16. Columbus State University’s project (or, How did I get myself into this?) • Project initiated by former archivist Reagan Grimsley • ~500 oral histories lacking intellectual access except for rudimentary in-house finding aid • Many typescripts and analog recordings from the 1970s and 1980s • Collaboration between archivist and cataloger • New acquisitions and cataloging policies • Grant to digitize selected typescripts • Collective finding aids and MARC records for selected individual interviews

  17. CSU’s workflow • Archives staff copy typescript onto acid-free paper and create artificial title page for each typescript • Periodicals Assistant prepares photocopied typescript for binding • Cataloger creates MARC record using OCLC Connexion Client, exports record from OCLC into ILS, and creates holdings (for copied typescripts only) • Cataloging Assistant creates item record and performs minimal physical processing on bound typescript

  18. Cataloging considerations (top-level) • Staffing • Priority level • Size of collection/backlog • Transcripts

  19. Cataloging considerations • Unit of description • Format(s) to be described (especially which format(s) are available for use) • “Readily available” information • Level of authority control • Classification • Choice of cataloging method (not discussed in depth here)

  20. Unit of description • Collection level • Project level • Individual

  21. Collective vs. individual descriptions Collective (Project or Collection Level) Individual (Item level) • Required according to OHCM • Oral histories typically collected in groups • Consistent with archival principle of provenance • Demonstrates shared focus and characteristics within the group • Useful when interviews are more meaningful as a group • No need to repeat information in multiple individual records • Optional according to OHCM • More granular access • More time-consuming • Need a mechanism for demonstrating relationships • Useful when interviews may be able to stand alone • Useful when information about the collection/project is scarce

  22. You can always do both and link from one to the other

  23. Formats to be described • Rule: describe the format(s) available for use • Optionally, also describe original recordings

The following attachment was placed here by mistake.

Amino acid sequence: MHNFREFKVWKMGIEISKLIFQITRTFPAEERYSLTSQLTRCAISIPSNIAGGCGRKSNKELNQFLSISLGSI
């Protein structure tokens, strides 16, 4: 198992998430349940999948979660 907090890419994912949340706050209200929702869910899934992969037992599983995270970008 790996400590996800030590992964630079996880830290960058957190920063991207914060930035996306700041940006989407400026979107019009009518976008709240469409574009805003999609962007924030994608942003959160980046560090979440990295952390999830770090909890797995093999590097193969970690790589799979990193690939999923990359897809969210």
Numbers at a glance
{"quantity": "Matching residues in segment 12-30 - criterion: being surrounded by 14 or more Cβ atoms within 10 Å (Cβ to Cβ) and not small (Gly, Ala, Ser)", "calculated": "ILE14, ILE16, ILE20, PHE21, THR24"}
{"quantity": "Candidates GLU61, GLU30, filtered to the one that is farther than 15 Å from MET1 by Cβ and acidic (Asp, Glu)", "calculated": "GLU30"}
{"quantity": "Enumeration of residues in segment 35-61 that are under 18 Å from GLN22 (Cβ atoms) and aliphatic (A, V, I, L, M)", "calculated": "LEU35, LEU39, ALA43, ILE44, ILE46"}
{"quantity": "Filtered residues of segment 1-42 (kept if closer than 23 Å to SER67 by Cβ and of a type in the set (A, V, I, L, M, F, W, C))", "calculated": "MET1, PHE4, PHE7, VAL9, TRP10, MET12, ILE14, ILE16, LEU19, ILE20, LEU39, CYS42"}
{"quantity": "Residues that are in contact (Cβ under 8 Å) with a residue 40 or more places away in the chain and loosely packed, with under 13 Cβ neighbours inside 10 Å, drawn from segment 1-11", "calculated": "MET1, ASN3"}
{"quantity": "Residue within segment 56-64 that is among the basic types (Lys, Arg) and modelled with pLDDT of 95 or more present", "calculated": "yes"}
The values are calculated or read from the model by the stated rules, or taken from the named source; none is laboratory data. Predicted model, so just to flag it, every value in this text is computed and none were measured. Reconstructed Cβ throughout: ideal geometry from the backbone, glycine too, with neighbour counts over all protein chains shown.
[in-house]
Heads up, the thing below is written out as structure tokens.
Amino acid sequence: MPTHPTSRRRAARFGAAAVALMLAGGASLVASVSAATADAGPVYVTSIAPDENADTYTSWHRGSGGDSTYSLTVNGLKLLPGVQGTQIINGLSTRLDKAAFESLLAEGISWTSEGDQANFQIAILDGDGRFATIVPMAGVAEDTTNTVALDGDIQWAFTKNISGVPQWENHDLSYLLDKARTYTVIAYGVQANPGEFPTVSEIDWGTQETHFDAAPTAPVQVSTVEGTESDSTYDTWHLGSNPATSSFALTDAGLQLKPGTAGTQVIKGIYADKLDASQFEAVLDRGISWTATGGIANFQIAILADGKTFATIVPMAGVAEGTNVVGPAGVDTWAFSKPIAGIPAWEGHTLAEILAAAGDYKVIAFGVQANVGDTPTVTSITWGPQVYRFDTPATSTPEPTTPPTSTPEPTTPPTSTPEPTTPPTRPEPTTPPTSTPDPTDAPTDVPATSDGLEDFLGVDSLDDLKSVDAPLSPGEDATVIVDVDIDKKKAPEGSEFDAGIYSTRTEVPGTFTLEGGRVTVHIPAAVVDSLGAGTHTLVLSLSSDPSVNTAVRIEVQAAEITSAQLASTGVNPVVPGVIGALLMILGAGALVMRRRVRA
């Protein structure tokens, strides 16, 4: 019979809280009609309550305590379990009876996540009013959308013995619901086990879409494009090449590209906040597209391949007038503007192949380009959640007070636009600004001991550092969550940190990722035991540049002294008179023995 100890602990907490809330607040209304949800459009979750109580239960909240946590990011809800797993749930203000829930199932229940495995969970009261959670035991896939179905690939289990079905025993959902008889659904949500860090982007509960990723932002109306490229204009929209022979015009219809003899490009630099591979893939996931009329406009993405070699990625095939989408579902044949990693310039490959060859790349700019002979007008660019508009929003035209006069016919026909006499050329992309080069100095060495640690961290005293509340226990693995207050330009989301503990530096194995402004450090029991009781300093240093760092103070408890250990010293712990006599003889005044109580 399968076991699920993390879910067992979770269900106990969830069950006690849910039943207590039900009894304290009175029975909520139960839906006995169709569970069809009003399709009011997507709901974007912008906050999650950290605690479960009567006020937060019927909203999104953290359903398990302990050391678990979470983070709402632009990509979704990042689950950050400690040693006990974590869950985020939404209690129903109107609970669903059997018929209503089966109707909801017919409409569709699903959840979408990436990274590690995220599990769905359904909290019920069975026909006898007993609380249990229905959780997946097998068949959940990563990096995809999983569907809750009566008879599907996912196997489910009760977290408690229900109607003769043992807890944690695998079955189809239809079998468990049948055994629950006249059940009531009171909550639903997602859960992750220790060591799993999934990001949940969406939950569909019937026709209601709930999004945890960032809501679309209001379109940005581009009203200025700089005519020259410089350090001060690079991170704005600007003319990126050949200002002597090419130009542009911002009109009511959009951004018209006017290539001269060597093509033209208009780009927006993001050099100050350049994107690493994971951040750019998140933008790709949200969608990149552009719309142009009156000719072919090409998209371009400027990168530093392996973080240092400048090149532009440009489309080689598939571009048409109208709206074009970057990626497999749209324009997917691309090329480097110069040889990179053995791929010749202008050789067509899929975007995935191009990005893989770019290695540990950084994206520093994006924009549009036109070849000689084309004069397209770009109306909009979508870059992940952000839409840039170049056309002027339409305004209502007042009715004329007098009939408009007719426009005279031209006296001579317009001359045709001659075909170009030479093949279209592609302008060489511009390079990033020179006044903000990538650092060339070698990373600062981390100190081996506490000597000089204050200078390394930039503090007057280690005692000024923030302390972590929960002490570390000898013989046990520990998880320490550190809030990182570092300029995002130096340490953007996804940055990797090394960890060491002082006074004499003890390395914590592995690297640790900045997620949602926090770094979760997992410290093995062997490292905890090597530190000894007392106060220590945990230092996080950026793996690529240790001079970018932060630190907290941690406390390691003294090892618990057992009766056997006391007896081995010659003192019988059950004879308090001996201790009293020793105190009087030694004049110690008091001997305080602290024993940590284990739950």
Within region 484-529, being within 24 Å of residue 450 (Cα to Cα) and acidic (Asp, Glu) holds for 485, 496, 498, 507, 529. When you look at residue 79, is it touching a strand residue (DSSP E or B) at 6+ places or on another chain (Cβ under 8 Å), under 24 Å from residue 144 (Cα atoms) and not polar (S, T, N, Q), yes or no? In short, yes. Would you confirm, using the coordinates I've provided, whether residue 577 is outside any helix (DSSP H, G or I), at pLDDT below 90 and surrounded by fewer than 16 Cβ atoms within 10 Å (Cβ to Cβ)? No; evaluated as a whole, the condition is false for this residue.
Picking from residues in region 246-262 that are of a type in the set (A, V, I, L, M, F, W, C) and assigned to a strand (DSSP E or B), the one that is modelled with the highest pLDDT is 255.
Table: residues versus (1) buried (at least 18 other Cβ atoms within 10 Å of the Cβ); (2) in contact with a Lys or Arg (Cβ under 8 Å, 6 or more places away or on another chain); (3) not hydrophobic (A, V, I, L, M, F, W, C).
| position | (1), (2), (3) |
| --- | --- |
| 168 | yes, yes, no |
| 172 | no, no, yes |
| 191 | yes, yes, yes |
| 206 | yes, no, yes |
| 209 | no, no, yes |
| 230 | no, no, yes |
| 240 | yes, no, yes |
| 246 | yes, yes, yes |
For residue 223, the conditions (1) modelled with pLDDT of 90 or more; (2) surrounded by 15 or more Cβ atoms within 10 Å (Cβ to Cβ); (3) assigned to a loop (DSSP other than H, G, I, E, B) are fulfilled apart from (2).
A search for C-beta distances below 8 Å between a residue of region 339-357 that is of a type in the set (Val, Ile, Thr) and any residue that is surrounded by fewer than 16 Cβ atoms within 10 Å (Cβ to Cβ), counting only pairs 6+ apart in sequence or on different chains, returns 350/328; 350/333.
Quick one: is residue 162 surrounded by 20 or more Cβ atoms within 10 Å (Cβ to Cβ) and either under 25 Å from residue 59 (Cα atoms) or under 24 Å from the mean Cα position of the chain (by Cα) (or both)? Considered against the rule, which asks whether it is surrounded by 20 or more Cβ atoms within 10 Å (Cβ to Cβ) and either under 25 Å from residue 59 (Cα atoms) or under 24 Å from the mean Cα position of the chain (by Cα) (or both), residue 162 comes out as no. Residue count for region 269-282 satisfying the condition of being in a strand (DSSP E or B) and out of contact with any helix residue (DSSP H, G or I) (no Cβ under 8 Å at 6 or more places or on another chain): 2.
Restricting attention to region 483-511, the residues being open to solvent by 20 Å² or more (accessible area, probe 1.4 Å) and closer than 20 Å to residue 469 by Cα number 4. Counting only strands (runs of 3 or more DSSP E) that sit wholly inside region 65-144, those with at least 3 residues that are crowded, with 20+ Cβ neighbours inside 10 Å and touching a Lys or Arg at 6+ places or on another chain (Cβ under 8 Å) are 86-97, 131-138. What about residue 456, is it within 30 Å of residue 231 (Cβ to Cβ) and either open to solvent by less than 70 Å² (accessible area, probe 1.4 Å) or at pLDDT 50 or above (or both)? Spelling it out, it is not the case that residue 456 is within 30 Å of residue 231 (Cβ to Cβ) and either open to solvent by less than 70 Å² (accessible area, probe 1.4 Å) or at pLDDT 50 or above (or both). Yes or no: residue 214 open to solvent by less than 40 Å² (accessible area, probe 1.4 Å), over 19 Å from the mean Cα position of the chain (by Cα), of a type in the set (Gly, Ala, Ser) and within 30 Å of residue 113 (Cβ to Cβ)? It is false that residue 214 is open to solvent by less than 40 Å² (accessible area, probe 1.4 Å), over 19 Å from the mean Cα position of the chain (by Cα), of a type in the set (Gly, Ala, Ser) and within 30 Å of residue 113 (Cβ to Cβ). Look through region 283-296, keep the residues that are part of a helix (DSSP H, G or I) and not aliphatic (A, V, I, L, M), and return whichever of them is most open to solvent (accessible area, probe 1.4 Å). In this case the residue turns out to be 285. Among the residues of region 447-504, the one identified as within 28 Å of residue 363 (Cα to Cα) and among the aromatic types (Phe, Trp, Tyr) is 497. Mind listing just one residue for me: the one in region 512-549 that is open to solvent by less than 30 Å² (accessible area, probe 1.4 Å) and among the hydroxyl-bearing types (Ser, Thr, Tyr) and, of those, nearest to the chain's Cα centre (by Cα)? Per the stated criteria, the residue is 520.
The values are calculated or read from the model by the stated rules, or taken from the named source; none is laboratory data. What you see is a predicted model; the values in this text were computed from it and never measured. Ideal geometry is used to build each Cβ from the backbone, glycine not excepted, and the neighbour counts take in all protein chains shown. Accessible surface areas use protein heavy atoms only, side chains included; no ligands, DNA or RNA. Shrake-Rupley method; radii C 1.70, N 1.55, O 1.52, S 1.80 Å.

24. “Readily available” information • Which pieces of information are most important? • How much time can you spend in research? • Consider your users, priorities, staffing, and possibly the context of each interview

  25. Authority control • Contribute records to OCLC authority file (NACO participants) • Create records in local system (always, or only in special cases) • Construct AACR2 (or RDA?!) headings but do not create authority records • Use LCSH or another controlled vocabulary • Create a specialized vocabulary • Uncontrolled keyword

  26. Classification possibilities • Biographies • Local history • Subject of the interview (i.e., textile mills, school desegregation) • Accession number or other local system • Class interviews in a project together • Others?

  27. Crash course in oral histories for catalogers • Context is more important • Less emphasis on transcribing information from the item into the record—most information is provided by the cataloger • Obtain information from the typescript and/or recording itself, finding aids, release forms, labels, and any accompanying material • External reference sources can be helpful and sometimes necessary (to clarify names, events, locations, etc.) • Copious notes

  28. OHCM’s fundamental elements for individual interviews • Indication of form (i.e., oral history interview) • Name(s) of interviewee(s) • Date(s) of interview • Statement of quantity or extent, including physical format • Name(s) of interviewer(s)

  29. OHCM’s fundamental elements for individual interviews • Language of interview, if other than English • Summary of the nature, content, and scope of the interview • Restrictions on access and/or use, if applicable • Name of the project or collection, if applicable If any of these fundamental elements is not available, state in a note that it is missing